Psychological Warfare: Fighting DEI in the Classroom
- “I have taken [several classes] in which I feel the goal is to make students hate America.”
- “…being scared to speak out gives the other side more power and makes them look as if they run the world.”
- “…the other side feels as though they are invincible and are immune to repercussions for their actions.”
School: University of Houston
You’ve been forced to do projects and assignments surrounding Critical Race Theory and DEI in the classroom. In what ways do you think professors are using their class content to indoctrinate students?
I have had many professors whose number one goal was to indoctrinate us. I took a class called Social Health and Wellness where the professor was extremely radical, claiming that America was built off of racism. This professor also made us do a project in which we had to pick a racist policy from American history that caused discrimination towards any certain group. The professor then made us explain how this policy is still discriminating towards a certain group today and how the policy causes “disparities.” The professor then stated that this project should influence us to “vote a certain way” so we can get rid of the racist policies. This same professor brought in the book, “How to be an Antiracist” and parroted teachings straight from its pages- that if we don’t actively try to stop racism then we are racists and we are a part of the problem. This is one of several classes I have taken in which I feel the goal is to make students hate America.
You are a psychology major, and Diversity, Equity, and Inclusion (DEI) is being heavily emphasized in many of your classes. How do you think this teaching will affect future generations of psychologists and their patients?
I think DEI will have a huge impact on the future of psychology. DEI will be heavily considered when hiring for jobs in psychology, which would mean that people may get the job based on their skin tone instead of their qualifications. I believe that the DEI agenda will cause future psychologists to be more narrow-minded instead of DEI’s alleged goal of fostering open mindedness. Even worse, teaching DEI to today’s psychology students will cause future therapists and counselors to categorize and view their patients in a political manner.
You were physically assaulted when leaving a Young Conservatives of Texas event on campus! Can you describe what happened and your reaction to this behavior?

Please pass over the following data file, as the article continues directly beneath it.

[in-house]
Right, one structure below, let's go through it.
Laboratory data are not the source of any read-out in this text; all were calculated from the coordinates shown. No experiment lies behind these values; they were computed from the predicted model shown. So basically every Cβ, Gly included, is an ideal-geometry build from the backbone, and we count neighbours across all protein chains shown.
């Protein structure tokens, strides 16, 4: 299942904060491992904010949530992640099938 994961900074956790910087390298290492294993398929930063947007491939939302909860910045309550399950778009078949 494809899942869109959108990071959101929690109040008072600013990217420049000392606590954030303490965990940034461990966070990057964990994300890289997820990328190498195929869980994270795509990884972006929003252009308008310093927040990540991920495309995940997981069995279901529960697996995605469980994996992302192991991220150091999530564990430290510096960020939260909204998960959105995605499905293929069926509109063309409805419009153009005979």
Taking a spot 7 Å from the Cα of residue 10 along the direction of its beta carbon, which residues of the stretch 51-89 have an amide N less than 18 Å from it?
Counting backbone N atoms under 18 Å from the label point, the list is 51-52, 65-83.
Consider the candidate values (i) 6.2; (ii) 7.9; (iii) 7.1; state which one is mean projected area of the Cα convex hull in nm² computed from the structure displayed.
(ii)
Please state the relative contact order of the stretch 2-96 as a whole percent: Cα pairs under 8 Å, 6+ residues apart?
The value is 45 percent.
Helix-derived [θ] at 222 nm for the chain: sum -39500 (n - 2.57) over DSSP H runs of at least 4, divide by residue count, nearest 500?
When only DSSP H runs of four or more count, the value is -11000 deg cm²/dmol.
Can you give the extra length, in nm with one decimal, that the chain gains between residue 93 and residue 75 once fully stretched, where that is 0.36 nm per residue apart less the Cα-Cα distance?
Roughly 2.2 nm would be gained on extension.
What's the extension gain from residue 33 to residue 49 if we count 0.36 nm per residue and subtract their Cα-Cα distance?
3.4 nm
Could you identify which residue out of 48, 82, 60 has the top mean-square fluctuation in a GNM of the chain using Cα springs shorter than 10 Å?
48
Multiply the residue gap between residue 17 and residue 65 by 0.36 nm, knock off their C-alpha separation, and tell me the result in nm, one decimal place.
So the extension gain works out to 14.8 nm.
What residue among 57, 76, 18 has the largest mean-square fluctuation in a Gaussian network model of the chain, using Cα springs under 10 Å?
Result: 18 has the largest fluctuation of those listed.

The Young Conservatives of Texas student group hosted Matt Walsh on campus. There were protestors outside of the event which included many students and a local ANTIFA group. I was volunteering for the event so I had my YCT shirt on. As I was leaving the event with the other club members, a guy came up behind me, pulled my bag and caused me to step backwards. When he pulled my bag, he said “F**k you!” I responded, “God bless you.” He threatened to beat me up as he was walking away.
I was the only girl within the group and also there were several police officers around us. This shows that the other side feels as though they are invincible and are immune to repercussions for their actions because they feel comfortable assaulting a female while there are several police officers around.
You are a member of Young Conservatives of Texas (YCT) AND Turning Point USA. In your experience, are conservative students on campus singled out or discriminated against by the University of Houston’s administration?
I definitely believe that conservatives are treated differently than others on campus. When we hosted Ann Coulter as a speaker, the university wanted our club (Young Conservatives of Texas) to pay for a room where protestors could gather. When we hosted Matt Walsh, the school wanted us to pay for our own security even though the university is supposed to cover those fees. YCT submitted a form to advertise the Matt Walsh event in the student center on a digital advertising screen, but the university only put it up for a day and never put it back on. YCT also put flyers up around the school to advertise the Matt Walsh event but the flyers were torn down by students repeatedly and no one was held accountable. We even found out that some faculty from the university were planning to walk out during the Matt Walsh event but were eventually talked out of it. And finally, YCT had the room rented out until 10:30pm but the university kicked us out an hour early, which meant the crowd was only able to ask Matt Walsh three questions during the Q&A session. A lot of people who attended were angry that the speaker’s time was cut short.
Many conservative students self-censor their political views on campus. But you have found a way to speak freely at the University of Houston. Do you have any advice for students who are afraid to share their viewpoints or join political groups on campus?
I was once that kid who was scared to share my ideas and beliefs. I eventually realized that being scared to speak out gives the other side more power and makes them look as if they run the world. I would like to remind other conservative students that they are not alone. Once you speak out, many doors will open for you and it will allow you to find
other like-minded people on campus. For people who are scared or hesitant to join a political club, I would tell them that it has been the best decision I’ve made in college. Joining political groups allows you to make friends who share your values and assures you that you are not alone in the fight. It creates so many opportunities for you such as meeting politicians and traveling to conventions. Also, remember that if we are not the ones to speak out, then who will?